After a successful crowdfunding campaign which saw 13,621 people preorder 21,000 dolls, “average” size fashion dolls, Nickolay Lamm got to work.
These backers preordered the Lammily doll, billed as the first doll with realistic body proportions. His crowdfunding got quite the reception, appearing on Time, Good Morning America, USA Today, to name a few.
Nickolay had his work cut out for him. He needed to turn the digital prototype from the campaign into a real doll, make 21,000 of them, and deliver them to over 13,000 backers, in a span of 6 months so they’d arrive before Christmas. “Aside from the logistics, we knew that if kids didn’t like this doll, this whole crowdfunding would be for nothing. Because if kids aren’t playing with this doll, what good would it do?” said Nickolay. He brushed off online comments which said that
His fears were based on a meeting Nickolay had with one of the largest toy companies in the world shortly after his successful crowdfunding. They passed on Lammily because they did not think that kids would like “realistic” fashion dolls. He also received emails from toy makers saying that a doll with realistic proportions would not work because its clothes would look too bulky, like a “football player”, according to one email.
Nickolay consulted with his mom (now chief art designer at Lammily) and determined that the doll’s realistic proportions were just a starting point. The doll also had to be relatable, down to earth, something which they determined was missing in the Barbie aisle. They would make the doll relatable by focusing on the small things: realistic hands, small detailed toes, minimal makeup, realistic soft hair. Because Nickolay only had 6 months, there was no time for a focus group. He just had to trust his gut that this would appeal to kids.
The fateful day came when Nickolay showed the first production ready Lammily doll to a group of second graders at St. Edmunds Academy, a trip which his aunt, Inna Lamm, organized. Because this was the first time that kids would be reacting to the doll, he hired a video crew from Ohio to record the kids responses.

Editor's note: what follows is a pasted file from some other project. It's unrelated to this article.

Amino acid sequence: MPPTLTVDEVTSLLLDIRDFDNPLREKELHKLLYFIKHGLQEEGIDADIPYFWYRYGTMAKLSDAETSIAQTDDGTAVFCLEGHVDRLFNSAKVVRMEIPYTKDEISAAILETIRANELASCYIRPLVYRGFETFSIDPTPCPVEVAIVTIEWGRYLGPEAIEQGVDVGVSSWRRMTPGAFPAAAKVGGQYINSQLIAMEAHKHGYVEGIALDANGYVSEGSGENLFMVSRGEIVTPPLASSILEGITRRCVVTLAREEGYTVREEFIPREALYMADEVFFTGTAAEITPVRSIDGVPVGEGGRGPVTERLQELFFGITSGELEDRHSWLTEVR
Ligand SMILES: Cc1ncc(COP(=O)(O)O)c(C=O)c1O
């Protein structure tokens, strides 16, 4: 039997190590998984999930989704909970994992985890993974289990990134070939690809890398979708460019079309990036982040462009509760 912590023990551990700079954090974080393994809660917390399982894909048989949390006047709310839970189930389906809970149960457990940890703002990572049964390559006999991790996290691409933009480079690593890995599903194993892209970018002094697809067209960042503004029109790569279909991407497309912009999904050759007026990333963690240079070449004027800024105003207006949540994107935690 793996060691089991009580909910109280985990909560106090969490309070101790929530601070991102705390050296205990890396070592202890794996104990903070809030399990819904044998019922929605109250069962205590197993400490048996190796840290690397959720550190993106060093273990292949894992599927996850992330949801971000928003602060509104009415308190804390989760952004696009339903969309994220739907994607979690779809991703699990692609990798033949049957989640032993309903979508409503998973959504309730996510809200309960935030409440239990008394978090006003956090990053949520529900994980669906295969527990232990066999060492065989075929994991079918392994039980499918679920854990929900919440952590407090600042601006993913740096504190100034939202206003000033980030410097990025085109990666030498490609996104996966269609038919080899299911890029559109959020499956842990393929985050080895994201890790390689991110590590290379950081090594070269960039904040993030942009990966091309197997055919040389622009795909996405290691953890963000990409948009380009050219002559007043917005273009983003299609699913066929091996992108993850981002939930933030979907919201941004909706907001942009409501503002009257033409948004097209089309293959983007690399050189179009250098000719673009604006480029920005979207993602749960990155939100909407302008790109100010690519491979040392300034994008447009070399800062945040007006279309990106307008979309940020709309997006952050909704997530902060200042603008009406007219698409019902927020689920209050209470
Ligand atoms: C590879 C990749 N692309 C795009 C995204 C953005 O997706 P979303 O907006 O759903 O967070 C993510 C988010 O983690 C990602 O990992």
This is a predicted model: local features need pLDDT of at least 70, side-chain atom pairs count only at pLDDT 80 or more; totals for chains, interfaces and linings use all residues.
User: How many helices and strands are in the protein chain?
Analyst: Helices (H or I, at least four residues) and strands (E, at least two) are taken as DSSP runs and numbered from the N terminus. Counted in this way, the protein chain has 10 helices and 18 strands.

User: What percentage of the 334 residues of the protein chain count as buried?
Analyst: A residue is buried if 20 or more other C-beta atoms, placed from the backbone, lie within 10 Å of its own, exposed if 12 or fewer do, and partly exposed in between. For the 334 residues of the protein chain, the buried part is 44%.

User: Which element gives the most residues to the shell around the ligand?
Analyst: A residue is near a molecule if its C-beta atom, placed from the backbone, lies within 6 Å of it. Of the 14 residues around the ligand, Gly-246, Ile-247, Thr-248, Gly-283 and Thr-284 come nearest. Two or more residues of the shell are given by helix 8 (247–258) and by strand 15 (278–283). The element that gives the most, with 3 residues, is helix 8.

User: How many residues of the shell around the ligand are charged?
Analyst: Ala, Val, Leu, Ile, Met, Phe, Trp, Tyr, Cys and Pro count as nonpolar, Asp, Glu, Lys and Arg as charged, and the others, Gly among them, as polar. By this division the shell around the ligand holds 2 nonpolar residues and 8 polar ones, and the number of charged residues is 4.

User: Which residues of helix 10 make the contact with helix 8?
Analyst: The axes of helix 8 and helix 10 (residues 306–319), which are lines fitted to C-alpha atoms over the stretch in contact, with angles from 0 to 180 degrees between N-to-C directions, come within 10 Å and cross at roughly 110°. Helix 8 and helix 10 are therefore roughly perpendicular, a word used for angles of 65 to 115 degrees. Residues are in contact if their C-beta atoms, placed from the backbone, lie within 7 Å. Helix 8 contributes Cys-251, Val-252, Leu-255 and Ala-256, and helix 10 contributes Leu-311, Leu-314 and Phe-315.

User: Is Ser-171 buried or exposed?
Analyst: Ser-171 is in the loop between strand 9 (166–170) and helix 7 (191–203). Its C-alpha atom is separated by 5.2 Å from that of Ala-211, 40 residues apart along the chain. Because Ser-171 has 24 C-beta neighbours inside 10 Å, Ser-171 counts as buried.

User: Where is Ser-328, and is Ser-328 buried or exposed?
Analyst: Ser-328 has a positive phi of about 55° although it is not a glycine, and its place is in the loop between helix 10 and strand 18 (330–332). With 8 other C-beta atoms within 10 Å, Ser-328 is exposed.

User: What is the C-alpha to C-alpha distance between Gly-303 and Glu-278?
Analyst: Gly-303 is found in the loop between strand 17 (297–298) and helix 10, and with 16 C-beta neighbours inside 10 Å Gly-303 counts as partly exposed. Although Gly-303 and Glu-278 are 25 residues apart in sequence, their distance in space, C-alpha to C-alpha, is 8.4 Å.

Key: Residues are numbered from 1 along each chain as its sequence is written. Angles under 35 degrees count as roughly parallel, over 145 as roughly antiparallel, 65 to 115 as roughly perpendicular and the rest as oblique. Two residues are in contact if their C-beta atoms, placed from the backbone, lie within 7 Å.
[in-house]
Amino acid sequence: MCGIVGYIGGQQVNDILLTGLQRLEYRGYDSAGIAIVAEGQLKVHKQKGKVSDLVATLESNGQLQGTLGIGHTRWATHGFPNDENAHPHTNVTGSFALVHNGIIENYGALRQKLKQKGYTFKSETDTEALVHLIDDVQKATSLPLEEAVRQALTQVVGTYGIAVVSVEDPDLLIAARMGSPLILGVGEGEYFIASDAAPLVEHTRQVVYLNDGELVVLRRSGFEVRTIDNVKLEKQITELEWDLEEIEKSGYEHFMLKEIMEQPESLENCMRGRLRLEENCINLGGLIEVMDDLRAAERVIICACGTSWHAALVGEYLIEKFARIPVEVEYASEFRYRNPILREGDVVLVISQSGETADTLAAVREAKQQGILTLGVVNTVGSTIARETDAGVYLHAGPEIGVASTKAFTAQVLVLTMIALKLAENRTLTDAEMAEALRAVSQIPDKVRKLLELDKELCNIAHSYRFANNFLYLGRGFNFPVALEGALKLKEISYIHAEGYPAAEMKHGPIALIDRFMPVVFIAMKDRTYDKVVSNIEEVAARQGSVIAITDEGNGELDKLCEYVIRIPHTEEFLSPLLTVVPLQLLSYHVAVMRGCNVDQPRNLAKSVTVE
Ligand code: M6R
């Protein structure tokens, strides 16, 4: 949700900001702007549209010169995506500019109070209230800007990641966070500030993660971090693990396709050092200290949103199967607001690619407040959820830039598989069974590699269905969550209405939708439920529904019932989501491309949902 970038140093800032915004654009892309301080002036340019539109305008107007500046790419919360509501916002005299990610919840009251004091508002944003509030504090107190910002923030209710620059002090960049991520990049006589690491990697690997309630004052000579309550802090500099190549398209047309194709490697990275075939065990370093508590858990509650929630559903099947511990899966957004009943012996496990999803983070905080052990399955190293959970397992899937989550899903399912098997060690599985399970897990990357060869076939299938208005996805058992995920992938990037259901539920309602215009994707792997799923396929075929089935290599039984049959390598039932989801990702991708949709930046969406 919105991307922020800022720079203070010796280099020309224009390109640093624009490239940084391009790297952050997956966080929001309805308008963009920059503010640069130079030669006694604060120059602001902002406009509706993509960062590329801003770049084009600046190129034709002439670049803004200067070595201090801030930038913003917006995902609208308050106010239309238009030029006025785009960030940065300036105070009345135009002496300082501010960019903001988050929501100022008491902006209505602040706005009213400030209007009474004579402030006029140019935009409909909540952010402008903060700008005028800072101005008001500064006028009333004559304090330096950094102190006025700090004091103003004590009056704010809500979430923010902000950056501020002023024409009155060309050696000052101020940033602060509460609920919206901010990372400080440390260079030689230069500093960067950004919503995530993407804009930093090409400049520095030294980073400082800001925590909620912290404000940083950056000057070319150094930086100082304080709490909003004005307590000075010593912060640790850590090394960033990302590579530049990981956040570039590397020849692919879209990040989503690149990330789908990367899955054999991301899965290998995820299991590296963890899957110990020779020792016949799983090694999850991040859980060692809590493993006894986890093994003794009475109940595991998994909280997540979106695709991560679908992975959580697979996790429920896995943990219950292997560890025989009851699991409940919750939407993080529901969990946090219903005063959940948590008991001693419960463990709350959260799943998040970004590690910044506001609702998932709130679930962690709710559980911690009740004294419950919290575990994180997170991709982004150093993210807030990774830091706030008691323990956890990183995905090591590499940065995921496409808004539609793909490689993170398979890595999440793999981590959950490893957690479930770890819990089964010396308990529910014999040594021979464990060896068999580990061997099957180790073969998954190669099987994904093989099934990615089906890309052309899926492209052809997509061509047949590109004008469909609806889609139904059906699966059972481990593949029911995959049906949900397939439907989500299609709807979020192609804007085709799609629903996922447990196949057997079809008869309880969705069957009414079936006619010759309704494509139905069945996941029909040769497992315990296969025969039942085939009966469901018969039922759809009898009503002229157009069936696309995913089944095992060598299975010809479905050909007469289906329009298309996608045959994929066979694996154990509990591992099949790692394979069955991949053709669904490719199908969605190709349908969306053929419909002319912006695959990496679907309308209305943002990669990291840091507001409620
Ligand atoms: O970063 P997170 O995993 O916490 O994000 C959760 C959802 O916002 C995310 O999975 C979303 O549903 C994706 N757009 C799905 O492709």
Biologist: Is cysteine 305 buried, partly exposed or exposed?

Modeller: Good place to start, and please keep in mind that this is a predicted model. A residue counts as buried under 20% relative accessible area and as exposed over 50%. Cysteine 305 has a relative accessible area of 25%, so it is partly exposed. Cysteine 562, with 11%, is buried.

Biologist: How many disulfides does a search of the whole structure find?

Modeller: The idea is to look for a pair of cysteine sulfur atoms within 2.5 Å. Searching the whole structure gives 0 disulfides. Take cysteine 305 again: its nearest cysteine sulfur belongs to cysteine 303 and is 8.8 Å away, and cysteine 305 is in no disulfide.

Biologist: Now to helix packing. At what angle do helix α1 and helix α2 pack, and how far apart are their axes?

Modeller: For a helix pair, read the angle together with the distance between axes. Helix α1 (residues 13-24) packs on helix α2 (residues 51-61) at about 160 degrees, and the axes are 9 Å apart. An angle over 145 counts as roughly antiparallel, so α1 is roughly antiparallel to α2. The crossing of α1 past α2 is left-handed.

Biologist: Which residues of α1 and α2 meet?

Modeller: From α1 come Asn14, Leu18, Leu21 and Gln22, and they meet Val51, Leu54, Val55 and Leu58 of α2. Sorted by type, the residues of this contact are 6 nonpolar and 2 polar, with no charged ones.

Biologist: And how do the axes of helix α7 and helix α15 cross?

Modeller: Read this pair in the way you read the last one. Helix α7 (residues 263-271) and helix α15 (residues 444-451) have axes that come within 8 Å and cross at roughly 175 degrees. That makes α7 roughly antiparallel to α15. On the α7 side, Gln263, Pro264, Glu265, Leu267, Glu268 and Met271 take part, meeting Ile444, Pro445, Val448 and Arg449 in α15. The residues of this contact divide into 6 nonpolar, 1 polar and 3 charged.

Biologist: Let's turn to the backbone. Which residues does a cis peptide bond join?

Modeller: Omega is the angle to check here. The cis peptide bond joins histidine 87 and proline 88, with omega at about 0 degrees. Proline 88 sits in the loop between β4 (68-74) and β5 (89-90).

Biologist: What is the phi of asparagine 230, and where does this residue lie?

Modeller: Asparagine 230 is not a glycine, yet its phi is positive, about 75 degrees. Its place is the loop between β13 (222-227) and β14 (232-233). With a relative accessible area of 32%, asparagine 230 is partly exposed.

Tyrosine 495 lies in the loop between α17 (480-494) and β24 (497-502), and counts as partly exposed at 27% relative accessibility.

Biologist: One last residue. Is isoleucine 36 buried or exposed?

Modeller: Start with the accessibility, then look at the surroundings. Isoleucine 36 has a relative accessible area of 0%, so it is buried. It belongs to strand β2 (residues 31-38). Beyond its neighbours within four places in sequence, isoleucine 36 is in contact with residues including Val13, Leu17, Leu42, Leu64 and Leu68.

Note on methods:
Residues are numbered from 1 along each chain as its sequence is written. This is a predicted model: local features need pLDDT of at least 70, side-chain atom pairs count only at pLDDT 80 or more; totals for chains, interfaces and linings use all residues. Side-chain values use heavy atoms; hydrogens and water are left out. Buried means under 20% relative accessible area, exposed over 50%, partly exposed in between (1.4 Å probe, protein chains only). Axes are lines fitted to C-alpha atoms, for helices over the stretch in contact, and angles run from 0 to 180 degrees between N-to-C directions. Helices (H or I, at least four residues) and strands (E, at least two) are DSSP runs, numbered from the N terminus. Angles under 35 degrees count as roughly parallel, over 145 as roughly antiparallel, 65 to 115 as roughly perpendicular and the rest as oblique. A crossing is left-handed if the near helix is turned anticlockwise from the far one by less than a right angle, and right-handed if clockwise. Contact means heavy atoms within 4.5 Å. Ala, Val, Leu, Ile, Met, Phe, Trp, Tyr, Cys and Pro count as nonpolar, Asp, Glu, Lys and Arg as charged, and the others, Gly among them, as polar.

“There is nobody more honest than kids,” said Nickolay. “If they don’t like something, they will tell you.” Because the dolls were already being produced, if they didn’t like the Lammily doll, there was no going back. He’d have to ship out 21,000 dolls which kids don’t approve of.
One by one the kids were asked to come to a table where head of school, Susan Miller, asked them about the Lammily doll.
Ariana, the first girl to be introduced to the Lammily doll opened the box and exclaimed “She’s so beautiful!” When asked what makes this doll different she said “Her toes look like real toes, Barbie’s look like a bunch of bumps.” When asked about the doll’s body she said “it’s not skinny like the Barbie’s, it’s just the right size.”
One by one kids were introduced to the Lammily doll. One said that “she’s really unique” and, after a long pause, “because, she’s not like other dolls I have, she looks real.” Another said “she looks so real.”
Nickolay, who was watching the reactions from a distance, was filled with pride. “Before the Lammily doll, many brushed it off saying that kids wouldn’t like it – they like fantasy. We proved them wrong. I remember hiding my face at one point in between two bookshelves because I was getting a little emotional.”
He spent the next month editing the hour’s worth of footage from the kids reacting to the doll. He released the video on November 19, 2014 and, since then, the video has been viewed over 3.8 million times and appeared on CNN, ABC, Time, and more.
Nickolay had proven to the world that realistically proportioned dolls could not only exist, but that they could be loved by kids as well.
Since the release of this video, Mattel has released curvy, petite, and tall Barbie, a move with Time and Wharton suggest was influenced by Nickolay’s Lammily doll.
When asked about Mattel’s new dolls Nickolay said that “when Mattel released their new dolls, some people were saying that they copied Lammily. I think Mattel addressed the issue of Barbie’s proportions in their own way. For one, their new dolls are stylized and don’t have realistic proportions. That’s not just me saying it, BBC measured their new dolls and came to the same conclusion. Second, we designed our dolls so that they look as much like real as possible, something which Mattel’s UK director said they are not trying to do. So while I think it’s great that Mattel is trying to address their issue, we make very different dolls.”
If you’d like to get the Lammily doll seen in the video, you can get it at this link.
One thought on “How a 25 year old Proved a $2 Billion Industry Wrong”
I have the white lammily doll and would like to have an India one for another grand baby in a year or two, I think a Hispanic one would be close, just a suggestion